by Jeff Oaks
A few nights ago, I had a dream in which I saw a thing–one of those old bubble-headed hairdryers–and thought to myself
That is so funny. I’ll have to tell mom, she’ll get a kick out of that.
And then I thought, in the dream itself, oh, she’s dead now.
So now it’s something the unconscious knows.
Tonight a dream of packing up a house to move. Whose house is it? I don’t know, I just keep packing up blankets mostly, folding flat and fitted sheets the way she taught me to fold from her years as a house cleaner. First of our house, then of others’. In tonight’s dream, there were two cats, one red and one black and gray, neither of them particularly friendly, both of which I had to do something with.
I looked at her in the dream and she didn’t know either what to do. And then I knew it’s her house I’m packing up.
Knowing is a problem now. Always, of course, but mostly we forget that. Mom’s best friend’s daughter wrote me the other day:
“I think there is something about friendships with people who knew you well when you were a child. There is no pretense needed perhaps. They went through a great deal together. Then your mom took on Aunt Mar when my dad put her out. She was so good to Mar. We traveled to the beach a couple of times with carloads of teenage girls; your mom was a hoot, even mooned them in the car! She also helped my dad when he discovered he thought of a gay man as his adopted son. Ken is like my brother, godfather to Vicky’s oldest and another admirer of your mom’s. She touched people in many ways. So glad we had the privilege of knowing her.”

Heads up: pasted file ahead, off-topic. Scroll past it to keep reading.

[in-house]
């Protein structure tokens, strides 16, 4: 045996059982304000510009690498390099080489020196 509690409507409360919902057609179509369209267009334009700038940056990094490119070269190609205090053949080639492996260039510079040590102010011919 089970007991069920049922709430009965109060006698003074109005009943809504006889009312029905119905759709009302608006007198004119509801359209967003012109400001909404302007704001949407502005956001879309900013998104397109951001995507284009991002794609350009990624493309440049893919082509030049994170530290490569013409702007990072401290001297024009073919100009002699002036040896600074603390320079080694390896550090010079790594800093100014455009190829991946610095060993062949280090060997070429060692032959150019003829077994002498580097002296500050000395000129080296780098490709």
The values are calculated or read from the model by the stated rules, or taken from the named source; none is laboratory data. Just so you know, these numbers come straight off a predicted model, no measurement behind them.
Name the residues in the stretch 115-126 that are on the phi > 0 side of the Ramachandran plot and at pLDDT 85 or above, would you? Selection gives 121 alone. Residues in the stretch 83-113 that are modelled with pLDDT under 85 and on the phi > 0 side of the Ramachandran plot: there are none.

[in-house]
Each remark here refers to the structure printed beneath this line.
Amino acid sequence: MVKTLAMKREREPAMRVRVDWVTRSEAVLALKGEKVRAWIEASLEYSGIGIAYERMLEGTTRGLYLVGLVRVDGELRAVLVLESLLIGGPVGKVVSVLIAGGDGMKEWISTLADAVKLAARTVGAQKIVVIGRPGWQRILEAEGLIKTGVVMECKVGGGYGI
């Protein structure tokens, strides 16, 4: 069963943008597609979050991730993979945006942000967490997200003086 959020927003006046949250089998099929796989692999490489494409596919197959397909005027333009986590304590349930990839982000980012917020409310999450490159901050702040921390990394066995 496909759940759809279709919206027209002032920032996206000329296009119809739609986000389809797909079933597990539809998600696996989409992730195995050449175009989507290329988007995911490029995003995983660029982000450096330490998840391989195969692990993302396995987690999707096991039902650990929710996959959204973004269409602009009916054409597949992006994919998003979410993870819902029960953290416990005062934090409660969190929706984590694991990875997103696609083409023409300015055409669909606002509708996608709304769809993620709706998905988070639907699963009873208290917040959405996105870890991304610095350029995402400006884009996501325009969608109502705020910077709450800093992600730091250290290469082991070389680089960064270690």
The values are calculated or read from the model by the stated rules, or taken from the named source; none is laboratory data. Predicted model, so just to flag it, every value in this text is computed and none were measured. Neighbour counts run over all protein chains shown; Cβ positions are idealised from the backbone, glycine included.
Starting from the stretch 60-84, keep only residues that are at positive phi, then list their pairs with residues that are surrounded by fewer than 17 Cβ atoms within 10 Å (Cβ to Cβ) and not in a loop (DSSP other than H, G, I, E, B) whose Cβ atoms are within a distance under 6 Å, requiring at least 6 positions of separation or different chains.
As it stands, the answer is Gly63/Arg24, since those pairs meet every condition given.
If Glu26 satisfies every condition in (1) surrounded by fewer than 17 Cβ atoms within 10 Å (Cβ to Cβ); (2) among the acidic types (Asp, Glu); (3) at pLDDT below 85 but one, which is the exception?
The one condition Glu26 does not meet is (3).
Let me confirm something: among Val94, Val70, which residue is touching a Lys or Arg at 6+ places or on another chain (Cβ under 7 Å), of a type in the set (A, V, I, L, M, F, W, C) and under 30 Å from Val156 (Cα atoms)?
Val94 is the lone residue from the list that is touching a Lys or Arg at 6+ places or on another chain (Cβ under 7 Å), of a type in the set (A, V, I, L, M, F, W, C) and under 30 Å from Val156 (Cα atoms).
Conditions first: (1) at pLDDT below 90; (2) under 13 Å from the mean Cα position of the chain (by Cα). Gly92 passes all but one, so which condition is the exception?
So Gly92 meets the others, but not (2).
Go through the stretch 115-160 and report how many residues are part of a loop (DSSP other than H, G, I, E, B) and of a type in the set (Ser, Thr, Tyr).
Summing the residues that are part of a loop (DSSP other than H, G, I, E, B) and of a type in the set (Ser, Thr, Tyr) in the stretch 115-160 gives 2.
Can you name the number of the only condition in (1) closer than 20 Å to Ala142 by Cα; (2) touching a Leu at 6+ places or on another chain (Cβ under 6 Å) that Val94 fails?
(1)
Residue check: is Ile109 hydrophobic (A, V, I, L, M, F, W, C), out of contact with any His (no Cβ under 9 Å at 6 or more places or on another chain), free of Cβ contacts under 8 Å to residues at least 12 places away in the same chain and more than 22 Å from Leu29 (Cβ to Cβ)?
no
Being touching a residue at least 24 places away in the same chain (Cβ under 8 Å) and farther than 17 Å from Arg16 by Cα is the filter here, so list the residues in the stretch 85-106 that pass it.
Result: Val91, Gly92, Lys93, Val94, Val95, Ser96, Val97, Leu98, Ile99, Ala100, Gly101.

Things I did and didn’t know. A mother I had and didn’t have. A woman even my mother might not have remembered, the way other people sometimes remember your life better than you do, it seems. The way your students remember back to you things you said in a class that really struck them, although you don’t remember saying it at all. What did I say yesterday to a whole roomful of students?
I’ve been working most of my life on small things, the ordinary things, on the belief that everything is mysterious, interwoven with everything else. Who would you be without the rain, Thich Nhat Hahn writes, without the sunlight, the men who pick up your garbage, the workers who make your bread, the workers who framed your windows in a factory maybe in Indiana, who themselves were fed by others and sunlight, and on and on. Who would have guessed that it was seeing the cities of ants broken by men that woke the Buddha? And then the compassionate young woman who offered the simple bowl of rice that tasted so good after his deprivations?
The little things you can grasp and the unimaginable life they form. You say or do something in a moment when you forget yourself, forget propriety or dignity, and it’s how people remember you forever.
Folding strangers’ sheets in Alabama. Those strange old hair dryers we used to sit under reading magazines. Who knows what it will be? Not even you. Sometimes you have to go back to sleep to see anything at all.